Radiation dose limit for eye lens slashed

The lens of the eye is one of the most radiation sensitive tissues in the body. If the eye lens which is normally crystal clear receives a high enough radiation dose it may become partly cloudy or totally opaque depending on the dose. Radiation protection agencies have prescribed dose limits to the lens to prevent induction of lens opacity or cataract.

On April 21, this year, the International Commission on Radiological Protection (ICRP) which issues recommendations on radiation protection, slashed the dose limit for the lens of the eye to 20mSv in a year, averaged over defined period of five years, with no single year exceeding 50 mSv.

Earlier dose limit

The earlier dose limit was 150mSv in a year. (Sv is a unit of biologically effective dose. The radiation energy absorbed in a sievert (Sv) is one Joule per kilogramme of material; since the unit is large, a sub-multiple such as one thousandth of a Sv or milliSv —mSv — is normally used).

Several studies over the past few years led the Commission to reduce the dose limit steeply.

There are three main forms of cataract depending on its anatomic location in the eye lens: nuclear, cortical and posterior sub capsular (PSC). Among these, PSC is the least common and is commonly associated with exposure to ionizing radiation. Radiation Effects Research foundation (RERF) describes the formation of radiation cataract thus: “There is a transparent layer of cells covering the interior frontal side of the capsule that covers the eye lens.

This layer maintains the function of the lens by slowly growing toward the centre, achieved through cell division at the periphery. Because irradiation is especially harmful to dividing cells, exposed cells at the equator are most prone to damage.

Unknown reasons

For unknown reasons, damaged cells move toward the rear of the lens before converging on the centre. Such cells prevent light from travelling straight forward resulting in opacity.”

So far, scientists believed that cataract will be formed only after the lens receives a typical radiation dose called the threshold. ICRP assumed that threshold was 2Gy for a single dose and 5 Gy when the exposure occurs in a protracted way.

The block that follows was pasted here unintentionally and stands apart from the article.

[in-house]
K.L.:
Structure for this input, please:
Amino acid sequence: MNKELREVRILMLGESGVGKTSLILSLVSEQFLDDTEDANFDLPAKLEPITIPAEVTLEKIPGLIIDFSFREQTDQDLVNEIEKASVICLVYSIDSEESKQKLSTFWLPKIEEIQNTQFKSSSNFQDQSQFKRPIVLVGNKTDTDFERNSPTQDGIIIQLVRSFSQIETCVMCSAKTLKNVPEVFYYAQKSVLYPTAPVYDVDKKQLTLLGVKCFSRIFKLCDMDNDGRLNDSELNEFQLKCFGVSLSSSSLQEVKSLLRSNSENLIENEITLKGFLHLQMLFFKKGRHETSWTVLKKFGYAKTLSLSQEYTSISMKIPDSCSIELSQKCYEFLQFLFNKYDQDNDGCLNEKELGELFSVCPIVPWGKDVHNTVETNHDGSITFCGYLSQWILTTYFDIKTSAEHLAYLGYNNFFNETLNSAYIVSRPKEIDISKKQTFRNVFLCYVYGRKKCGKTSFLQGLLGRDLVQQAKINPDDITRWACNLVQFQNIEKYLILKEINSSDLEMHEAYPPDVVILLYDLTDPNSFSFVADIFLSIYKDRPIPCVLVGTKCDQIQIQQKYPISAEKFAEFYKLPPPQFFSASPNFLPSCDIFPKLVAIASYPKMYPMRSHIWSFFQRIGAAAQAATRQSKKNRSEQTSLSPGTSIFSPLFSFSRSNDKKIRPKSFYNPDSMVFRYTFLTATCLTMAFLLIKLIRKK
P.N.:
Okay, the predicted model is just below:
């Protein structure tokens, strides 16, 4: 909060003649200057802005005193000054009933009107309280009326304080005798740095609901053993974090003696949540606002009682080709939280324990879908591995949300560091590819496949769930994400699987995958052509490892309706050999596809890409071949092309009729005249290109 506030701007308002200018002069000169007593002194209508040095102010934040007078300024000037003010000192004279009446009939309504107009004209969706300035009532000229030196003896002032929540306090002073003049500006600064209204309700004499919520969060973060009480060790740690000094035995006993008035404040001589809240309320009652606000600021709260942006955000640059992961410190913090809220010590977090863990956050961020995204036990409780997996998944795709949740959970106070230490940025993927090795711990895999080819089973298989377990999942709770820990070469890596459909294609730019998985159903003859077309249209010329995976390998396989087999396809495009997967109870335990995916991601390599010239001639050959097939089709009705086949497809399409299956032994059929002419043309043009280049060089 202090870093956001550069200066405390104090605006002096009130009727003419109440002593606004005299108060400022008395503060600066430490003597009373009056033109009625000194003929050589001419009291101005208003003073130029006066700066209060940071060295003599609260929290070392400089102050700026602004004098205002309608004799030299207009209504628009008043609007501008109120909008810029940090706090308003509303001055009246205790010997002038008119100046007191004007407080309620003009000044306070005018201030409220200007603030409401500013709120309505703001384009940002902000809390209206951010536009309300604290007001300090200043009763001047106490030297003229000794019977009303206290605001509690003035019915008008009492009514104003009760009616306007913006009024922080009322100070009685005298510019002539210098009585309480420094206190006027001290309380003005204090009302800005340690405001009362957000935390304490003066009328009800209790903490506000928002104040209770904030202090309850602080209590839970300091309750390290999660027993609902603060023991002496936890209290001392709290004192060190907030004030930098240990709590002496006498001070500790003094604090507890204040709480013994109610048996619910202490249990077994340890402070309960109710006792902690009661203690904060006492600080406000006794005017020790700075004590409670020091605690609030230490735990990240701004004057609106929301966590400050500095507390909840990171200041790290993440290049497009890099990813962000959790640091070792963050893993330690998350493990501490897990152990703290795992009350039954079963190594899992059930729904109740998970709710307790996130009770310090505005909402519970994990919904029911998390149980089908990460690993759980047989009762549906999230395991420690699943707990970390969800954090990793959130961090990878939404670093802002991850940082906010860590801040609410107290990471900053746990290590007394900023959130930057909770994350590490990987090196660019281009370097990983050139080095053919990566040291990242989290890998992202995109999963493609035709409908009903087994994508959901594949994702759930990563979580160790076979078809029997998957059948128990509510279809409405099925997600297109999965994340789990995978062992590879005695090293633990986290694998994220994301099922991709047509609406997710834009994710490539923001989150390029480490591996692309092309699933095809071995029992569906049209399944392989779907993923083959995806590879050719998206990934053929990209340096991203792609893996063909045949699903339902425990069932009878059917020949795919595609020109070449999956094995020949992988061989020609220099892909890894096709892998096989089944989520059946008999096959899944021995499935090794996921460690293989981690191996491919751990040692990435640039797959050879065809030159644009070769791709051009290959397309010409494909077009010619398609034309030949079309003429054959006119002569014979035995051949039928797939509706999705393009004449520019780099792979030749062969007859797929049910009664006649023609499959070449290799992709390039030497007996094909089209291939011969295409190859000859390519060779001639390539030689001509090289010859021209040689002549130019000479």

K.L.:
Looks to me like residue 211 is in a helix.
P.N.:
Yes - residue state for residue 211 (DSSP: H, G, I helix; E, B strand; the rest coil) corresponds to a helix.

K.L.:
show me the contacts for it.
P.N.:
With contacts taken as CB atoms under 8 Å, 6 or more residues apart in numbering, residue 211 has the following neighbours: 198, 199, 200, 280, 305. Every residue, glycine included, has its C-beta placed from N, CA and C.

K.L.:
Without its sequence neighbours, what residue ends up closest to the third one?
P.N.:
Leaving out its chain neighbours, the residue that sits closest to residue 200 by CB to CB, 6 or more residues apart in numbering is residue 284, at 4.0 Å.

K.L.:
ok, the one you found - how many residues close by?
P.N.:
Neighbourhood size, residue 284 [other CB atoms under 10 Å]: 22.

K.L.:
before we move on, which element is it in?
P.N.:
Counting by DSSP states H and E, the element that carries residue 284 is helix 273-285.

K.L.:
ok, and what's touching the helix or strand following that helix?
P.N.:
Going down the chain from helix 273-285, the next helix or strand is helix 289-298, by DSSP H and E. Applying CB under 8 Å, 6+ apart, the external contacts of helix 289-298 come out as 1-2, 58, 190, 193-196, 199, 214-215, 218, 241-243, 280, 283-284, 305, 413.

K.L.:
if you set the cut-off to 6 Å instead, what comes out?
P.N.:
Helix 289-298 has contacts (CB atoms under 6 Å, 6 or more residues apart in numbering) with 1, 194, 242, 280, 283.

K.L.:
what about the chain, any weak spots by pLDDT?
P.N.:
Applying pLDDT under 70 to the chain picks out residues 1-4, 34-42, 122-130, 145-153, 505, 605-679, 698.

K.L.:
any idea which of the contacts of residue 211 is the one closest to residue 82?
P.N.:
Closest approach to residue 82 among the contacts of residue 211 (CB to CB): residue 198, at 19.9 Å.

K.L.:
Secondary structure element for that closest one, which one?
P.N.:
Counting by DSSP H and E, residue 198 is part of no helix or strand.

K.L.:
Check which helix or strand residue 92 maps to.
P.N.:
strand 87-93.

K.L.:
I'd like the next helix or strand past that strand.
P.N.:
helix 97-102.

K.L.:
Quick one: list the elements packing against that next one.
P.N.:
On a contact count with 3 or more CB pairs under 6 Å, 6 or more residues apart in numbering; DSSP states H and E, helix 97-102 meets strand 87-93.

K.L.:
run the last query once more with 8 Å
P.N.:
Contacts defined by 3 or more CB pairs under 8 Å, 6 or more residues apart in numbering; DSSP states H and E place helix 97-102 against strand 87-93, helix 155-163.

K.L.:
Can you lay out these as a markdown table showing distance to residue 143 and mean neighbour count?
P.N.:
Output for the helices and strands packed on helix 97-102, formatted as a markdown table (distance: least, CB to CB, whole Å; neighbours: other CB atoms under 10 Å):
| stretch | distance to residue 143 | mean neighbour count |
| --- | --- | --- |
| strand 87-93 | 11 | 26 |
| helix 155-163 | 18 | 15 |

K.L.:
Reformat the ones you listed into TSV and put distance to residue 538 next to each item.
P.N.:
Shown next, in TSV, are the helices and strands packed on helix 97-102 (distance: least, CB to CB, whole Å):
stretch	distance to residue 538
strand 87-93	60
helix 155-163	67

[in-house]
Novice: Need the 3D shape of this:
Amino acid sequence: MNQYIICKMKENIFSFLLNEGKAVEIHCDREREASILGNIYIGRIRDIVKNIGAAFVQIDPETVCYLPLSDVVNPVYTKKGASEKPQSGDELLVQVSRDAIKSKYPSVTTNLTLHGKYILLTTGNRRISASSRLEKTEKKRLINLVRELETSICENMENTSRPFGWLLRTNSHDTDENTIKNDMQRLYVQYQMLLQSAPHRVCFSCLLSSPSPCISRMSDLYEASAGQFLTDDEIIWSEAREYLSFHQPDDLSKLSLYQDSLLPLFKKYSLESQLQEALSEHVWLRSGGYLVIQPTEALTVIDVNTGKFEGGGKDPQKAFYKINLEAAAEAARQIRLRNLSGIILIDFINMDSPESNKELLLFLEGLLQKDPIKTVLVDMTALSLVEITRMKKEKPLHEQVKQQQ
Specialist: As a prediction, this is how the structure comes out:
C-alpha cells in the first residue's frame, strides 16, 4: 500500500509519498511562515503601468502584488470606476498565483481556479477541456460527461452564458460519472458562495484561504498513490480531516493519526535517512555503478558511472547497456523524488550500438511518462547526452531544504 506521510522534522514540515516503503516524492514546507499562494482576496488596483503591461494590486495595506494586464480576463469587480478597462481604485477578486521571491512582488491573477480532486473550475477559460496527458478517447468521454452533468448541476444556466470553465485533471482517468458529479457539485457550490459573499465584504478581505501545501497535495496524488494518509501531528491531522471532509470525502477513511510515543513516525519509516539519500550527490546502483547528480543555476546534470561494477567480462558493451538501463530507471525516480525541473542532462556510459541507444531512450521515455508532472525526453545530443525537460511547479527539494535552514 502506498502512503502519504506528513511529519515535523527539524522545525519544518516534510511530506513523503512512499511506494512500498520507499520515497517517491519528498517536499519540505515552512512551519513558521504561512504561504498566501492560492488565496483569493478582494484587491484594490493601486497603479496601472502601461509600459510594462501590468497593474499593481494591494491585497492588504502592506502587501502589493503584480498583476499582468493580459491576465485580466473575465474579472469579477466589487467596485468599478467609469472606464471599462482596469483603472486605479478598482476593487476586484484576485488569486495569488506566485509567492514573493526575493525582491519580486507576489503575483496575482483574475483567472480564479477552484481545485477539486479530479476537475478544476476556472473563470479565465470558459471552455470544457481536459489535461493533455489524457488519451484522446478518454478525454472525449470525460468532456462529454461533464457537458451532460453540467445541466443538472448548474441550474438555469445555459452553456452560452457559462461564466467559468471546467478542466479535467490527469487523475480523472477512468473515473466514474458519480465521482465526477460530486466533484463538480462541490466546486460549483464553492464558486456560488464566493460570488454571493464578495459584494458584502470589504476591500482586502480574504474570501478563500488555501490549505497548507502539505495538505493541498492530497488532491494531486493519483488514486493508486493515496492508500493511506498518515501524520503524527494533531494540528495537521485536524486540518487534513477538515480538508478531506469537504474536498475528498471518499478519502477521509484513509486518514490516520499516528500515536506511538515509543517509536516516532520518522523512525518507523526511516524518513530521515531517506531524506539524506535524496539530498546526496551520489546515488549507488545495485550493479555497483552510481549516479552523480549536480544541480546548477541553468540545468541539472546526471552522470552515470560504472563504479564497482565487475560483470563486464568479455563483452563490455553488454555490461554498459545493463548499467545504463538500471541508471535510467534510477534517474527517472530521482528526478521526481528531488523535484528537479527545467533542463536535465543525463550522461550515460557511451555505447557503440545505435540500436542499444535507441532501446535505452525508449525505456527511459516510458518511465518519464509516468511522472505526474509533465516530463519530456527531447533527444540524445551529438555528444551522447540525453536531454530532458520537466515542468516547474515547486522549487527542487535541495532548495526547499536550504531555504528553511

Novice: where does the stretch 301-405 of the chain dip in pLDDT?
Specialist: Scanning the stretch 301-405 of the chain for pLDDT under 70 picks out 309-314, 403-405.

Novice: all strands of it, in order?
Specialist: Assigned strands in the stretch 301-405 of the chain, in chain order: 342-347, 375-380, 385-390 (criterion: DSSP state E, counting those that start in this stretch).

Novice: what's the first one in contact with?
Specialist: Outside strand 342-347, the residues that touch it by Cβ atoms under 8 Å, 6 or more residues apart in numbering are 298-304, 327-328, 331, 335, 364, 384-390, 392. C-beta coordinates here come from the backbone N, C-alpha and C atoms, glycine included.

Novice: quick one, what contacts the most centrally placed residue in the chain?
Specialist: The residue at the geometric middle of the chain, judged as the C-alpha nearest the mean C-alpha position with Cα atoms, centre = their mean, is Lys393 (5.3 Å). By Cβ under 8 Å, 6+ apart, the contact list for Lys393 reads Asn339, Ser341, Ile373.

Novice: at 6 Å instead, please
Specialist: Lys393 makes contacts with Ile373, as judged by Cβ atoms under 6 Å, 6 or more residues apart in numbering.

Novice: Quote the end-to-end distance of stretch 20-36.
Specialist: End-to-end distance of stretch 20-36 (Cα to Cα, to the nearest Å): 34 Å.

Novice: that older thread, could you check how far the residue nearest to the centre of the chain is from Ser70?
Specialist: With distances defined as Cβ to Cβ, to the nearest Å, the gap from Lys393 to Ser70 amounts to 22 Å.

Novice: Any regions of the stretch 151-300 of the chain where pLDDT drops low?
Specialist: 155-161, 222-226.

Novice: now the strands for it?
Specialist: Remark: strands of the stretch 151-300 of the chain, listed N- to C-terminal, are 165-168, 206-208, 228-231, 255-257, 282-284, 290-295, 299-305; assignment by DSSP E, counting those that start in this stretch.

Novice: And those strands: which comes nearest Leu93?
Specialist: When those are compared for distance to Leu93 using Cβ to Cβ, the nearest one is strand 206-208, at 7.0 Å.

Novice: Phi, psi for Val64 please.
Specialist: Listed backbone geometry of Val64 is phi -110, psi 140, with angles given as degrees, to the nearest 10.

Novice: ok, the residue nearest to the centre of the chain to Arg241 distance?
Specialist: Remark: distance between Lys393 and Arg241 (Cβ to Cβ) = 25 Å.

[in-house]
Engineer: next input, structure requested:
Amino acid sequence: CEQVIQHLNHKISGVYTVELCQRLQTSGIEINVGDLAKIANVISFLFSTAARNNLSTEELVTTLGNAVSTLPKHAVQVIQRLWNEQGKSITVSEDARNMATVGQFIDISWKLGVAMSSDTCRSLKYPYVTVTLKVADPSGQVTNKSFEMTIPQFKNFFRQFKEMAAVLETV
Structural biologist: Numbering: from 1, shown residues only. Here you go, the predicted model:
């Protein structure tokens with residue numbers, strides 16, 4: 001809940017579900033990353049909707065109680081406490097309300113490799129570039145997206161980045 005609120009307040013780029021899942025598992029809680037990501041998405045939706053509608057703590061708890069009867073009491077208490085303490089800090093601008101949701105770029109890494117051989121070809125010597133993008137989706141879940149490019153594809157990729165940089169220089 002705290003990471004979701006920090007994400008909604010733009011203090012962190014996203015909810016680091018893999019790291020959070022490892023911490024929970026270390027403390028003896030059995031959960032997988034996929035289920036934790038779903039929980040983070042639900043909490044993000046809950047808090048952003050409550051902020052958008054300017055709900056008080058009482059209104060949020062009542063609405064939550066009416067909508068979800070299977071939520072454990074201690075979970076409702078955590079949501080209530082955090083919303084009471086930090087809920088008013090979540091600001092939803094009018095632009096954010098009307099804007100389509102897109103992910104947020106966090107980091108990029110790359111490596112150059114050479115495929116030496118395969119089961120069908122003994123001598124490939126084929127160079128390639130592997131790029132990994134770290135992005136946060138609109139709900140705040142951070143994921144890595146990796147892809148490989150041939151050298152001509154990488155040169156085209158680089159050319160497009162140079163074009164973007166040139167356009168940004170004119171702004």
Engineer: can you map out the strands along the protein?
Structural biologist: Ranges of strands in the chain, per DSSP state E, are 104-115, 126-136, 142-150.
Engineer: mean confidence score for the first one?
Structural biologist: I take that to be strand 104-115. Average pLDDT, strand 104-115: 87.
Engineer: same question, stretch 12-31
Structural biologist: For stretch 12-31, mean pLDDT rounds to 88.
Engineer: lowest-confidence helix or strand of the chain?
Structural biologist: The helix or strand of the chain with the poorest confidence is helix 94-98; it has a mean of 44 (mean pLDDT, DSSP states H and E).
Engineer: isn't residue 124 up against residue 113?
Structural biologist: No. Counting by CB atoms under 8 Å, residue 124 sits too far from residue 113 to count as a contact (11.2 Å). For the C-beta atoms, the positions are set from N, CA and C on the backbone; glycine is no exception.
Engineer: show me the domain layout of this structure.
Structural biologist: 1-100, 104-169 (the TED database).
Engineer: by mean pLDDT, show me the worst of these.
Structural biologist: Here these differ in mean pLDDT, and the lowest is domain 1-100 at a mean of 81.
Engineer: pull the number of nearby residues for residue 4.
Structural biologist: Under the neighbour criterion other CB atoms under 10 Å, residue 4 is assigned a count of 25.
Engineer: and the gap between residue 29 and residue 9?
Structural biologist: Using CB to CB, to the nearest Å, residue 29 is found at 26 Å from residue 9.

Not any more. Recent studies appear to show the formation of radiation induced cataracts at much lower doses than the current standards. (Gy is the unit of absorbed dose; the dose is said to be one gray — Gy — when the ionizing radiation energy absorbed per kilogramme of material is one joule).

ICRP now considers that the threshold dose for cataract is 0.5Gy. ICRP also stated that although uncertainty remains, medical practitioners must be made aware that the absorbed dose threshold for circulatory disease may be as low as 0.5Gy to the heart or brain.

“Doses to patients of this magnitude could be reached during some complex interventional procedures, and therefore particular emphasis should be placed on optimization in these circumstances,” ICRP cautioned the specialists. The procedures include angioplasty.

The June 2010 on-line version of Catheterization and Cardiovascular Interventions and October 210 issue of Radiation Research have published studies on increased risk of cataracts among interventional cardiology professionals. Though the numbers of professionals monitored in the studies was limited, the results demand urgent action.

Chernobyl effect

Cataract analysis of 8607 Chernobyl clean up workers,12 and 14 years after exposure, indicated that posterior sub-capsular or cortical cataracts appeared in 25 per cent of the participants (Radiation Research, February 2007). Researchers found evidence of a dose threshold of less than 0.7Gy.

The researchers noted that the workloads tend to increase in catheterization suites. This, together with lack of training in radiation protection and unavailability or non-use of radiation protection accessories may result in doses to the eyes of cardiology professionals sufficient to cause cataracts.

Studies show that leaded glass alone reduced the dose to the lens by 5 to 10 times; scatter-shielding drapes alone reduced the dose rate by 5 to 25 times; using both reduced the dose rate by 25 times or more

In BioMed Central Public Health (2010), Dr Sophie Jacob from the French Institute of Radiological Protection and Nuclear Safety (IRSN) and other specialists listed 14 peer reviewed studies showing evidence for low dose radiation-induced cataracts.

The results of their study on occupational cataracts and lens opacities in interventional cardiology involving 1700 interventional cardiologists in France is expected to be available this year.

The jury is no more out on radiation induction of cataract. The present ICRP recommendations must serve as a wake up call for interventional cardiology and radiology professionals.

Raja Ramanna Fellow, Department of Atomic Energy (

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Printable version | Oct 22, 2020 8:15:16 AM |

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